Back pain, regardless of the cause, is an incredibly common medical problem. As a matter of fact, it is estimated that 60-80% of adults will experience back pain at one point in their lives. And anyone who has gone through a “back attack” knows just how painful and debilitating this condition can be – it is no wonder that it is a leading cause of missed work days globally.
There are a number of underlying reasons for lower left back pain, which is actually more common than right lower back pain. It is important to understand what these causes are because it will affect the way the problem is treated.
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Symptoms Associated with Lower Back Pain
Lower back pain itself can vary from a dull, throbbing ache to pain that is sharper and more stabbing. Sometimes, the type of pain can alternate between the two. Also, depending on the cause of the problem, there can be other signs and symptoms that accompany back pain, including pain that can radiate to the hip or down the leg, nausea and/or vomiting, fever and changes in urination (such as pain while urinating or having to urinate more frequently than normal).
It is important to report these extra signs and symptoms to your doctor, because it can help to diagnose and then begin to treat the problem.
Common of Causes of Lower Back Pain
Left lower back pain can happen for a number of reasons, but the most common causes are listed below:
- Pregnancy. The weight of the growing baby and the increased levels of estrogen and relaxin which loosen back ligaments both can lead to lower back pain during gestation.
- Lower back strain. This is one of the most common causes of back pain and is usually considered to be a stretch injury or due to overuse of muscles.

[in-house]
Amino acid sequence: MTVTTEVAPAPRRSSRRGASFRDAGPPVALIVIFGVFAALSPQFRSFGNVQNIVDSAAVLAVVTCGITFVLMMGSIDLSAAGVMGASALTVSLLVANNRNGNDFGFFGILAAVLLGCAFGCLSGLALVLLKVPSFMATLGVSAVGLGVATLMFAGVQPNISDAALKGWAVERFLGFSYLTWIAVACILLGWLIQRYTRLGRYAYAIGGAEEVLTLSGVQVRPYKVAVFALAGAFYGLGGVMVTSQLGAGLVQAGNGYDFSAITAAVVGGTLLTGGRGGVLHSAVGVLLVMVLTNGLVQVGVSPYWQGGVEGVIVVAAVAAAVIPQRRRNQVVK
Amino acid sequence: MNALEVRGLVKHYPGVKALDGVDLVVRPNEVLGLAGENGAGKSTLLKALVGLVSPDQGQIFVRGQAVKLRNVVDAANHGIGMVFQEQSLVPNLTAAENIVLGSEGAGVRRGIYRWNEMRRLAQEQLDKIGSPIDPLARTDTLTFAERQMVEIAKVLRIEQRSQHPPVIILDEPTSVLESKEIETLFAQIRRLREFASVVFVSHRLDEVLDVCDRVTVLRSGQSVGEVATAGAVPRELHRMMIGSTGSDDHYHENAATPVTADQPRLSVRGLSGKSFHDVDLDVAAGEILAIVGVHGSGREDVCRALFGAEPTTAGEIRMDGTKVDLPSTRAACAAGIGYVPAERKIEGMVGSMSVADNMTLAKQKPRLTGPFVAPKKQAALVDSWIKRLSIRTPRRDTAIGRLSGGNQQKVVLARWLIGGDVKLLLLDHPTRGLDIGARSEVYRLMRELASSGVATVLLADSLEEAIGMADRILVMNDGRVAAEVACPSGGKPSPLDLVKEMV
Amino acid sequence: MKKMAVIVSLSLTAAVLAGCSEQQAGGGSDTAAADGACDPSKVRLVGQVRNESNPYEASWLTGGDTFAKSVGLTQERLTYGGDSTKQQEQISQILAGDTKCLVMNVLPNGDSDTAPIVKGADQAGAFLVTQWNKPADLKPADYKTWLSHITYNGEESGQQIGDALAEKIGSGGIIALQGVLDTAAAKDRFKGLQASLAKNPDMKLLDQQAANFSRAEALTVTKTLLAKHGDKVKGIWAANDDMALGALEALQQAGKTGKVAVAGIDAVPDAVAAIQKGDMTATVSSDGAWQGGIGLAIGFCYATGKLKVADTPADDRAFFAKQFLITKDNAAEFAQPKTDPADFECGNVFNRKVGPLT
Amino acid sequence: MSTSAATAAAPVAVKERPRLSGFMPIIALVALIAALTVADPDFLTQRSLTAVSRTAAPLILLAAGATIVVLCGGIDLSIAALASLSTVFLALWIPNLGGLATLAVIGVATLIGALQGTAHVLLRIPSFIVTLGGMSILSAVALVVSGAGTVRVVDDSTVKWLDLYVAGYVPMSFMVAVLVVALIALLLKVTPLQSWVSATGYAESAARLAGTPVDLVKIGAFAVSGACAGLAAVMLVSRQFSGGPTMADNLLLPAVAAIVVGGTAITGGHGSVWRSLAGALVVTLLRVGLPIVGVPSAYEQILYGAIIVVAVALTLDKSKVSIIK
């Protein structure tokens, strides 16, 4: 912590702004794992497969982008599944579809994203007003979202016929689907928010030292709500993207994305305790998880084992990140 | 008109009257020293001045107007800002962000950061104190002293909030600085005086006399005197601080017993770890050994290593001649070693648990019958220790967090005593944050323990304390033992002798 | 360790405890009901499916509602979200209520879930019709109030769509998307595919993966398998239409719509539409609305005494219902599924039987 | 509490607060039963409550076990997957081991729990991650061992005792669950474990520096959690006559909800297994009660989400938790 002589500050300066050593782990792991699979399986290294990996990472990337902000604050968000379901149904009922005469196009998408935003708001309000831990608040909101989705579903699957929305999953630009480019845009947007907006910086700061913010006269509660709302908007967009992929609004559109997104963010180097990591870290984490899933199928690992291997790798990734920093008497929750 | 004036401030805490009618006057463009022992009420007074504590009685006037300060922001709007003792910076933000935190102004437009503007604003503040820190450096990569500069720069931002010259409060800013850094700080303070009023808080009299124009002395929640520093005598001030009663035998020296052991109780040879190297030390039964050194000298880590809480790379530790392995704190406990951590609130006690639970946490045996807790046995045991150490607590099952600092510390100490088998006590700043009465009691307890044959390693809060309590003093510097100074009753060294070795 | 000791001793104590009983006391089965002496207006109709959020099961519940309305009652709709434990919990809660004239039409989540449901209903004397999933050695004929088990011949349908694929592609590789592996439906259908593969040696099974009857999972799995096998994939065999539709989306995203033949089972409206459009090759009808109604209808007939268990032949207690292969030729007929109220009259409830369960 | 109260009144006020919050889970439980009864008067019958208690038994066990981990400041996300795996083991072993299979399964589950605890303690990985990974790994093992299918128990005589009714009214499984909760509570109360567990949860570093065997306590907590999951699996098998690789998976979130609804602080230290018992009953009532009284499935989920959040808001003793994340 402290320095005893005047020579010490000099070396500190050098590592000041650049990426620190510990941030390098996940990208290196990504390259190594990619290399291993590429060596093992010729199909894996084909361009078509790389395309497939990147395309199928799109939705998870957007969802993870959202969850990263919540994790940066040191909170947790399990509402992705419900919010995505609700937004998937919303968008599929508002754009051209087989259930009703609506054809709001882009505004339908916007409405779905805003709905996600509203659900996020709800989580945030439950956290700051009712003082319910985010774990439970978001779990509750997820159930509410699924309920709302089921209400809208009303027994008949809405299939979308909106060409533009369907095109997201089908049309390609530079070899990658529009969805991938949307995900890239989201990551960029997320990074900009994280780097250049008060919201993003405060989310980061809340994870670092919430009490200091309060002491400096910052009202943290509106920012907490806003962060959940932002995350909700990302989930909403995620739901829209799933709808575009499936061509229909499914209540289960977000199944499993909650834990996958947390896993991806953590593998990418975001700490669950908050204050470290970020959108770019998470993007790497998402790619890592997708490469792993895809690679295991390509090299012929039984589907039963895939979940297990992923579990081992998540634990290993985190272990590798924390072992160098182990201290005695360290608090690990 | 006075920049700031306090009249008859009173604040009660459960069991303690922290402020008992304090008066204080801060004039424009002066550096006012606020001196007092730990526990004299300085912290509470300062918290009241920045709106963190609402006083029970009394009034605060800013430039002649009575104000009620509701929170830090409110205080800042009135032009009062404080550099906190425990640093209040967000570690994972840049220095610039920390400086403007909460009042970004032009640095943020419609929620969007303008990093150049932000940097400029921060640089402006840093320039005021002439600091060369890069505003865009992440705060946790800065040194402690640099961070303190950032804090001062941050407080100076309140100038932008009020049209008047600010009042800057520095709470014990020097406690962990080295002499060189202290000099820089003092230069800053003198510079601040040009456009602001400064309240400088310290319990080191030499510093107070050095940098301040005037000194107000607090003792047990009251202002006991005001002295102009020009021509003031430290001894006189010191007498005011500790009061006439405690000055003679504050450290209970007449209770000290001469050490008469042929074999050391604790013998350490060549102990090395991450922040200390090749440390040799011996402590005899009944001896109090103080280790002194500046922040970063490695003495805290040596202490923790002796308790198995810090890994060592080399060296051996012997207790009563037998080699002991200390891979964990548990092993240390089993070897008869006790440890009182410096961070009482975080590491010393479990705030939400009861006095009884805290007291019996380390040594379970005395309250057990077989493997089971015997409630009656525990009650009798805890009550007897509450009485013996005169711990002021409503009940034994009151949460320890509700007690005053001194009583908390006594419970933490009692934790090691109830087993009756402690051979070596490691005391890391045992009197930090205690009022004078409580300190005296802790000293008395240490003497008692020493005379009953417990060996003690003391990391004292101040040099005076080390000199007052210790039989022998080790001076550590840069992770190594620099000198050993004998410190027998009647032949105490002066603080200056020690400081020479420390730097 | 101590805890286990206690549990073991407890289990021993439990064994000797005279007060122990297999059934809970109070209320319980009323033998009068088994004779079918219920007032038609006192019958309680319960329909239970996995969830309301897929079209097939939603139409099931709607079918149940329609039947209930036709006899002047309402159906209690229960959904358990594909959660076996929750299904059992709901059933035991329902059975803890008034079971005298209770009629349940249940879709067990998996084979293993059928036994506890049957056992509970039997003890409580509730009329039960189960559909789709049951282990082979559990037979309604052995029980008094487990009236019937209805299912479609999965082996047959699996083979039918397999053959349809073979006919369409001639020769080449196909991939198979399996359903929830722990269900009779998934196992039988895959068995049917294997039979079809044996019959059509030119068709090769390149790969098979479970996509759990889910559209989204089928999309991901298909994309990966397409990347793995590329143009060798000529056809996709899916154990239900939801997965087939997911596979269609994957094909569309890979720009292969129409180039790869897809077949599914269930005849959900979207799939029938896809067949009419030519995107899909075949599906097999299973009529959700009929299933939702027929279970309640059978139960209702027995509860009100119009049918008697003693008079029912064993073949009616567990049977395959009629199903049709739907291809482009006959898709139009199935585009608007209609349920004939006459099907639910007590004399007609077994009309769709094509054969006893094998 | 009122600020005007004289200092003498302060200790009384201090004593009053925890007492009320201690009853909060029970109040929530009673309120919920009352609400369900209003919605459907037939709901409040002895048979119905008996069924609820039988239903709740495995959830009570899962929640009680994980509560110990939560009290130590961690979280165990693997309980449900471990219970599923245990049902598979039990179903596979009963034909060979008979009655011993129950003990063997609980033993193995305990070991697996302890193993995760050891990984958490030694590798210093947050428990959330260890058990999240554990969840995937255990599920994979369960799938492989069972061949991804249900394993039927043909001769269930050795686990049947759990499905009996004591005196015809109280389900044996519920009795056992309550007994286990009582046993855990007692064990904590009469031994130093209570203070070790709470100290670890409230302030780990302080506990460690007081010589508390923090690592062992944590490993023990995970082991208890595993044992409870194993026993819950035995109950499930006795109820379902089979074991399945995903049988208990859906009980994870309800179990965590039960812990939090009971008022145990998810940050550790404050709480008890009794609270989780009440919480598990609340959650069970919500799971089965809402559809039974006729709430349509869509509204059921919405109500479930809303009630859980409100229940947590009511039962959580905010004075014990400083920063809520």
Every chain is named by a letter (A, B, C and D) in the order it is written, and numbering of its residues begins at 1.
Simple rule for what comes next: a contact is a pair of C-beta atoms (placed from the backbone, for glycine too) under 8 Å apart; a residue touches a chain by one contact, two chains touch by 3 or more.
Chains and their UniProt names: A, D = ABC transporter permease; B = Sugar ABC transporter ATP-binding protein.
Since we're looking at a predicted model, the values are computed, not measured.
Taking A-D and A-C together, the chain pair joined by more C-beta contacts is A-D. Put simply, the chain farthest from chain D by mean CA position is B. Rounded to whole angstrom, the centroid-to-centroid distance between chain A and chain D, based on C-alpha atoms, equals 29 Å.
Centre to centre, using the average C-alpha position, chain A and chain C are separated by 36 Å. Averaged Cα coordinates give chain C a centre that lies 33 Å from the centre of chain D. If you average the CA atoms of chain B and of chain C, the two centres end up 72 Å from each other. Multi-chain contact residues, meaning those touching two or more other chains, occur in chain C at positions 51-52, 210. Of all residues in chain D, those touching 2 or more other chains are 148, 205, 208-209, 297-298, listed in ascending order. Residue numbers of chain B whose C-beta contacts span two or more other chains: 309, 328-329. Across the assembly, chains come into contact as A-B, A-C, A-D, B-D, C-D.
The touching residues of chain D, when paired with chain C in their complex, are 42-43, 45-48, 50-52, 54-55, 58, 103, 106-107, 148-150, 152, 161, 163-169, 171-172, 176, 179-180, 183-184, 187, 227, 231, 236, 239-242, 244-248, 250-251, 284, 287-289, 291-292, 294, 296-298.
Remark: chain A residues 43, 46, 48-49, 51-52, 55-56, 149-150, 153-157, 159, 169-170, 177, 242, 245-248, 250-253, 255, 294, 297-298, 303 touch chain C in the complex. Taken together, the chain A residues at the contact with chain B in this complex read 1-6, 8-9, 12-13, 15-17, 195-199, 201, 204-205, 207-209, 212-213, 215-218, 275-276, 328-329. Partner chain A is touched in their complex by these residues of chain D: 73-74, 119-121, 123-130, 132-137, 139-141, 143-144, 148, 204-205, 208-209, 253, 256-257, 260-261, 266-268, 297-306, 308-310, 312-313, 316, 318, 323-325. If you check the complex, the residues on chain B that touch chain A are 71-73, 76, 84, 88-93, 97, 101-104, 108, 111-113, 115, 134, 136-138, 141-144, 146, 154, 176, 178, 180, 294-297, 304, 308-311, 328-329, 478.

- Herniated discs or other vertebral problems. The spine is made up of a series of vertebrae connected by the spinal cord. If the vertebrae are damaged, bulge out or if the cartilage between them wears down, this can put pressure on the nerves and cause a lot of pain.
- Shingles. This infection, which can happen to anyone who has had chicken pox, gets into the nervous system and can often cause pain and raised, red wheals on the back and sides.
- Kidney problems. Kidney infections or the formation of kidney stones can also cause severe lower back pain.
Let’s take a look at how these different problems can be treated.
Treatments for Lower Back Pain
Once the underlying cause of the left lower back pain is diagnosed, a plan of care can be developed that will help resolve the problem. Below are treatments for the common causes for lower back pain:
- Pregnancy. Pregnant women who work on their posture, sleep on their side with a pillow between their knees, and do pelvic exercises and other stretches can find some relief. Warm or cold applications can also alleviate the pain.
- Lower back strain. Rest is the most important way to help with lower back strain, but over-the-counter medications like ibuprofen and cold applications can also help.
- Vertebral problems. A combination of physical therapy with pain medications and steroids can help improve the situation. However, sometimes surgery might be necessary.
- Shingles. Antiviral medications like acyclovir as well as pain medications can help, but often this problem can come back, especially if someone has a weakened immune system from illness.
- Kidney problems. Kidney infections will need to be treated with antibiotics and an increase in fluids, while medications to help pass kidney stones, pain medication and even surgery can alleviate the problem with kidney stones.
In short, back pain is statistically likely to happen to most adults in their lifetime – and the experience can be excruciating. However, understanding the underlying causes of this pain can help a doctor make a diagnosis so that treatments to resolve the problem can begin. Diagnosis is incredibly important, because as you can see from the article above, treatments will vary widely depending on the underlying cause.